Access to Self rather than I AM is best achieved by "riding" on a surge of Shakti since Shakti is the Self. This usually requires shaktipat (kundalini-awakening). If you, however, can experience awareness as pure being-energy and let awareness become fully aware of itself, then you can momentarily snap out of I AM-ness and into pure being, or is-ness.

I am wondering if spontaneous qigong and channeling are another means to “riding on a surge of Shakti.” It seems to be the way I am naturally progressing.

Try the shakti-breathing… Here it is:
1.Breathe in to the count of three. Sense energy rising up the spine to the brain.
2.Hold your breath to the count of three. Sense energy radiating from the brain in all directions.
3.Breathe out to the count of three. Sense energy radiating from the brain in all directions. (or from the entire body).
It is important to find a nice and relaxed tempo so you can keep at it uninterrupted for 45 minutes. If bliss comes or shakti fills your body with love, just surrender to it and merge.

This doesn’t seem that far removed from what I was recently telling my friend Mary to try, though it was something I just made up as I saw the truth in it.
Mary can rest in a solid quiet meditation. But its very solidness has becomes a restricted solidity that she’d like to grow/go beyond.
“To go higher you must go deeper,” my Taoist teacher says.
I saw a rock dropped into a glass of water. As the rock settles, notice how the water rises, maybe even overflows. Mary needs to do this.
Breath out, exhale through the eyes.
Feel the breath, the energy and light resting in the belly on the inhalation and then direct that out through the eyes, exhale.
I told her about Annie – consciousness streams out through our eyes. Practice that consciously.

How did I know this? I was channeling and could see and feel it and even facilitate the flow by moving my hand along her torso. My Taoist practice seems to be providing access to a gentle Shaktipat ability.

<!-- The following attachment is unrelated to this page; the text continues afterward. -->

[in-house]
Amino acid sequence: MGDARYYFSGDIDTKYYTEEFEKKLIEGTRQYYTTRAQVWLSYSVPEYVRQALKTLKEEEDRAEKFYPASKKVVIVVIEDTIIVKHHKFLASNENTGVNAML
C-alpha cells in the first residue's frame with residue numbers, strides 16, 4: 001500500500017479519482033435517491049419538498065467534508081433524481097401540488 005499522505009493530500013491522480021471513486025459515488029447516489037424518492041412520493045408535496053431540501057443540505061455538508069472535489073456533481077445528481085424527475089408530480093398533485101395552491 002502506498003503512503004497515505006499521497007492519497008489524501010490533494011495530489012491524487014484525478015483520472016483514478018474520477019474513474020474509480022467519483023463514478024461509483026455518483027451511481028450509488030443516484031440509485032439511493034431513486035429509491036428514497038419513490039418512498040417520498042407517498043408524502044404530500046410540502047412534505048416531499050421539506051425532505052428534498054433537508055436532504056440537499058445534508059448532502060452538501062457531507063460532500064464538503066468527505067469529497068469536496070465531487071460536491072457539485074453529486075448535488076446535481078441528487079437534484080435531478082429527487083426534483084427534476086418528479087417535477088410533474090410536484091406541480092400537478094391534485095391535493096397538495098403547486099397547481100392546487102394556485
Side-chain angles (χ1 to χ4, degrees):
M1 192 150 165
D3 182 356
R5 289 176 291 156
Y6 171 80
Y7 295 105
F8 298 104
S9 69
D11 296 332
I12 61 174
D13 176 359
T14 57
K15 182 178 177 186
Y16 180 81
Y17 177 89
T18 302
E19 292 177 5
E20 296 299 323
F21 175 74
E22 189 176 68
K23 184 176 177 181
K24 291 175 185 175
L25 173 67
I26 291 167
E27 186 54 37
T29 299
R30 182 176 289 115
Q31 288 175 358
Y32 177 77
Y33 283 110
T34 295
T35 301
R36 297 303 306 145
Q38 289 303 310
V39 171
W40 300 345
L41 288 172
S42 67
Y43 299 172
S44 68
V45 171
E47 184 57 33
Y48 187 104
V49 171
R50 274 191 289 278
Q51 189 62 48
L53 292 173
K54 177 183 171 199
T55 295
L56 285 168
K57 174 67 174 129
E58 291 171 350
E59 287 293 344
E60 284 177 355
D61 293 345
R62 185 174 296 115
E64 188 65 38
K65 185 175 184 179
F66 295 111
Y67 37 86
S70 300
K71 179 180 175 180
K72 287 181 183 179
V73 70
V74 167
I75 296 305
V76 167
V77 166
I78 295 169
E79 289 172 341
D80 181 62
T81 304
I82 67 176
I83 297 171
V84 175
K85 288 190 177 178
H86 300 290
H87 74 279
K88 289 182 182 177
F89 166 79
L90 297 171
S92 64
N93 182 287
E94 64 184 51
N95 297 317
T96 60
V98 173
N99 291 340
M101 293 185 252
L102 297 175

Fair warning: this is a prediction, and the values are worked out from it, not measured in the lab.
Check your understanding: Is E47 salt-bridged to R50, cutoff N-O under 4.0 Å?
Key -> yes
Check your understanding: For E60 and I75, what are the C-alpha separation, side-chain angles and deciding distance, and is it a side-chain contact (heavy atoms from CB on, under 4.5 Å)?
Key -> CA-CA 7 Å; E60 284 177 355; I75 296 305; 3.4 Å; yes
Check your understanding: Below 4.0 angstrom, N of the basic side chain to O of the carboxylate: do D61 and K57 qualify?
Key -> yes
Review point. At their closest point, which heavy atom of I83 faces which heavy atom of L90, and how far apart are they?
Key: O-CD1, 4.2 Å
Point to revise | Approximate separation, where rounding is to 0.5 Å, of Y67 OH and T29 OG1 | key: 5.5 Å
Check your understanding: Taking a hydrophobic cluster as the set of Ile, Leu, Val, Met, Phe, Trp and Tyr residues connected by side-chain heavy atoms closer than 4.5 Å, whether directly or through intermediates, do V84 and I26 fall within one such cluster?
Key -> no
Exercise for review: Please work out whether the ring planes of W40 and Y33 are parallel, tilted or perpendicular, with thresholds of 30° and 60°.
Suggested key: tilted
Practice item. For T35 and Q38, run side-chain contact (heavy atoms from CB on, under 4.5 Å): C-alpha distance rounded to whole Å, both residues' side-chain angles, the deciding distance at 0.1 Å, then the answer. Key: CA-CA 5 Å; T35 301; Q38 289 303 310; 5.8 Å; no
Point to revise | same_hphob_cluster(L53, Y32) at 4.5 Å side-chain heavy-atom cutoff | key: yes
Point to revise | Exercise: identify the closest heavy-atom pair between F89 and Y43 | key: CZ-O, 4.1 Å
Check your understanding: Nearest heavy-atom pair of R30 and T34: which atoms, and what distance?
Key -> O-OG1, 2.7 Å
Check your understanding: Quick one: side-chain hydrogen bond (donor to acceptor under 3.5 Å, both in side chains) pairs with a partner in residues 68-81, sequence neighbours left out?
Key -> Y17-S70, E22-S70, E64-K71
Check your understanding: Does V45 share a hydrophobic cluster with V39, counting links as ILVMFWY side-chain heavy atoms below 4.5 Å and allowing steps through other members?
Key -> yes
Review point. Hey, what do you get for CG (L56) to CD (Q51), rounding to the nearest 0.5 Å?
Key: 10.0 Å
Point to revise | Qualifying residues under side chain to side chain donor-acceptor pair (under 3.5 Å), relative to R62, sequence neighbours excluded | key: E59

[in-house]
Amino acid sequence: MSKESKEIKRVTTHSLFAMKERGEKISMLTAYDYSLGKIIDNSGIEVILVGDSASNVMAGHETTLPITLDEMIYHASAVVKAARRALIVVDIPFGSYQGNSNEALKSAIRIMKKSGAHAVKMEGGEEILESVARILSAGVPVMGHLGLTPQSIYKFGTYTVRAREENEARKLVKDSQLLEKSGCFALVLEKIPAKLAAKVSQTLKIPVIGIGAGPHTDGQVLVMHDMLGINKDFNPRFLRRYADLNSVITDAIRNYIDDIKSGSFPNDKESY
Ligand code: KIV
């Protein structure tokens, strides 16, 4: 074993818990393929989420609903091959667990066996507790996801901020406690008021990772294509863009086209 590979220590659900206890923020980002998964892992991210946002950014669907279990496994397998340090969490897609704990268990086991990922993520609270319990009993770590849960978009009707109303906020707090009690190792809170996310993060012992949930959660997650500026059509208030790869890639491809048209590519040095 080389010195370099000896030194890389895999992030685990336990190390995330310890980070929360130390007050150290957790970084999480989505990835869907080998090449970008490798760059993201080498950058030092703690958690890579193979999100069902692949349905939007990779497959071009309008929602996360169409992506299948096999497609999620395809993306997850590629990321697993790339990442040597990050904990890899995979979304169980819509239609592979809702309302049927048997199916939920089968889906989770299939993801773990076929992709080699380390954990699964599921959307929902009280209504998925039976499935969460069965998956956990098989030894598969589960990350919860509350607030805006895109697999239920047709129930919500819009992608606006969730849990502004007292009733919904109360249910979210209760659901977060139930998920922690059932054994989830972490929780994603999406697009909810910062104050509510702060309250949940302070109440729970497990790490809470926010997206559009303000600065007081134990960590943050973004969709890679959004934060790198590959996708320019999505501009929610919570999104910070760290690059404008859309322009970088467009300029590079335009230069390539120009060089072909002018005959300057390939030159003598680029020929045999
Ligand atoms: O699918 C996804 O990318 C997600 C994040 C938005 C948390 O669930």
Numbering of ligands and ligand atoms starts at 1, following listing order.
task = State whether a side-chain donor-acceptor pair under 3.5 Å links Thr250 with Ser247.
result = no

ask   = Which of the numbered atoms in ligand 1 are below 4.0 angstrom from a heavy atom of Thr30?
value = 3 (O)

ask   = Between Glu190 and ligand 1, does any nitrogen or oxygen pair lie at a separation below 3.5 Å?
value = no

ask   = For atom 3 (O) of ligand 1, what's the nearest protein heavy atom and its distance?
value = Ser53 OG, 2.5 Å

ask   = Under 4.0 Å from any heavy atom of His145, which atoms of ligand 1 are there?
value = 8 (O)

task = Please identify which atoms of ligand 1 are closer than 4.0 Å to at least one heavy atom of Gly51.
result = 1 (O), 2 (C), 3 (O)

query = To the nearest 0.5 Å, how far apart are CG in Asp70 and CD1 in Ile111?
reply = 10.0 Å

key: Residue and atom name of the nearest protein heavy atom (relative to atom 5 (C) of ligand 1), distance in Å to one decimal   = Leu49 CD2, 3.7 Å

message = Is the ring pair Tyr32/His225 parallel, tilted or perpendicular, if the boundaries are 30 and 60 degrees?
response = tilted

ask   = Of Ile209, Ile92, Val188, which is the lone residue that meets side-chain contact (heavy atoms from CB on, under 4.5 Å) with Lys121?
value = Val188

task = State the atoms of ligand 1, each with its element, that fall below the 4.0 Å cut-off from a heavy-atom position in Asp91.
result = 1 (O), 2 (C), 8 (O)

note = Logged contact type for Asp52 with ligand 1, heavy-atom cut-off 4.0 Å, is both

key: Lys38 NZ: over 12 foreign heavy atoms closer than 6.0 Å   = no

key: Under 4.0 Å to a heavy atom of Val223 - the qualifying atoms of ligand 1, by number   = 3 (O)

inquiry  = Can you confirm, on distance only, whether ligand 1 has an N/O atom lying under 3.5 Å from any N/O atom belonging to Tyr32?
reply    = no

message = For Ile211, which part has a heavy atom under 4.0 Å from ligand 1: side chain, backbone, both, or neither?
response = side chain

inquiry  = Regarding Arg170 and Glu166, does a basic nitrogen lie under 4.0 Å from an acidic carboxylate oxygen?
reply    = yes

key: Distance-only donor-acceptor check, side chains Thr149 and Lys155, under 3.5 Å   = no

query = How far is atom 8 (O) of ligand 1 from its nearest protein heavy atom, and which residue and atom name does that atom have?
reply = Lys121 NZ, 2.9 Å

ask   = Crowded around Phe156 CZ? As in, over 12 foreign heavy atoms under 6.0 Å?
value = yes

It’s not the “direct path” of the neo-advaitist, but it seems to be “my path.”

P.S.   In the BatGap interview, near the very end, Jan says:
Kundalini is not a restricted energy within the body-mind, astral system, where ever... it is a condensation of the Self, like a contraction. And as such, it contains the essence of your ignornace.

These words hit me like the beauty of a poem. I understand yet for a moment cannot explain. There were only tears.  True Self becomes our ignorance, even as it moves to set us free.  My God, the beauty!

Friday, July 08, 2011

Eye to Eye

The Boy by Seeking Tao
Bennie, my other little dog
I take many photos of my face… I do not know why I do this.
I am not particularly fascinated with it, and I cannot say there is anything at all I hope to find there…
Whenever I see myself in the mirror, or in a photo, it is in some way like looking at a newly made map of a continent surveyed and explored for the very first time.
Excitement and possibility.
Unknown and dangerous.
There are no memories or experiences of the thing.

Takuin, Self Portrait

I like Takuin. I like him a lot. He is so obviously awake.
It feels soft and good to visit his site and the Asian flavored beauty there.
But, when I read these words, I felt such a wave of dismay.

Geez, I look into the mirror and I have memories. Or at least a head full of thoughts and is that not experience?
So, I exhale in dismay. I am nowhere near awake!
I am flooded by the very kinds of impulses Takuin encourages one to drop.

I read his words again in some desperate attempt to understand, only to find more failure:
When I look into a mirror or at a photograph I am fascinated.
I can be stopped cold by fascination: “My god, is that what I look like?”

It seems the deepest mystery.
“I am that.”
It is totally astounding…
“There are no memories or experience of the thing.”

Suddenly, I understand!
Takuin just chose different words like:
newly surveyed, explored for the first time, unknown, excitement.
Now, I see they fit. Their poetry was just slightly at a different angle.

I have been wrestling with the question , “Am I awake?”
But, looking in the mirror and being presented with my supposed face, simply undercuts so much confusion.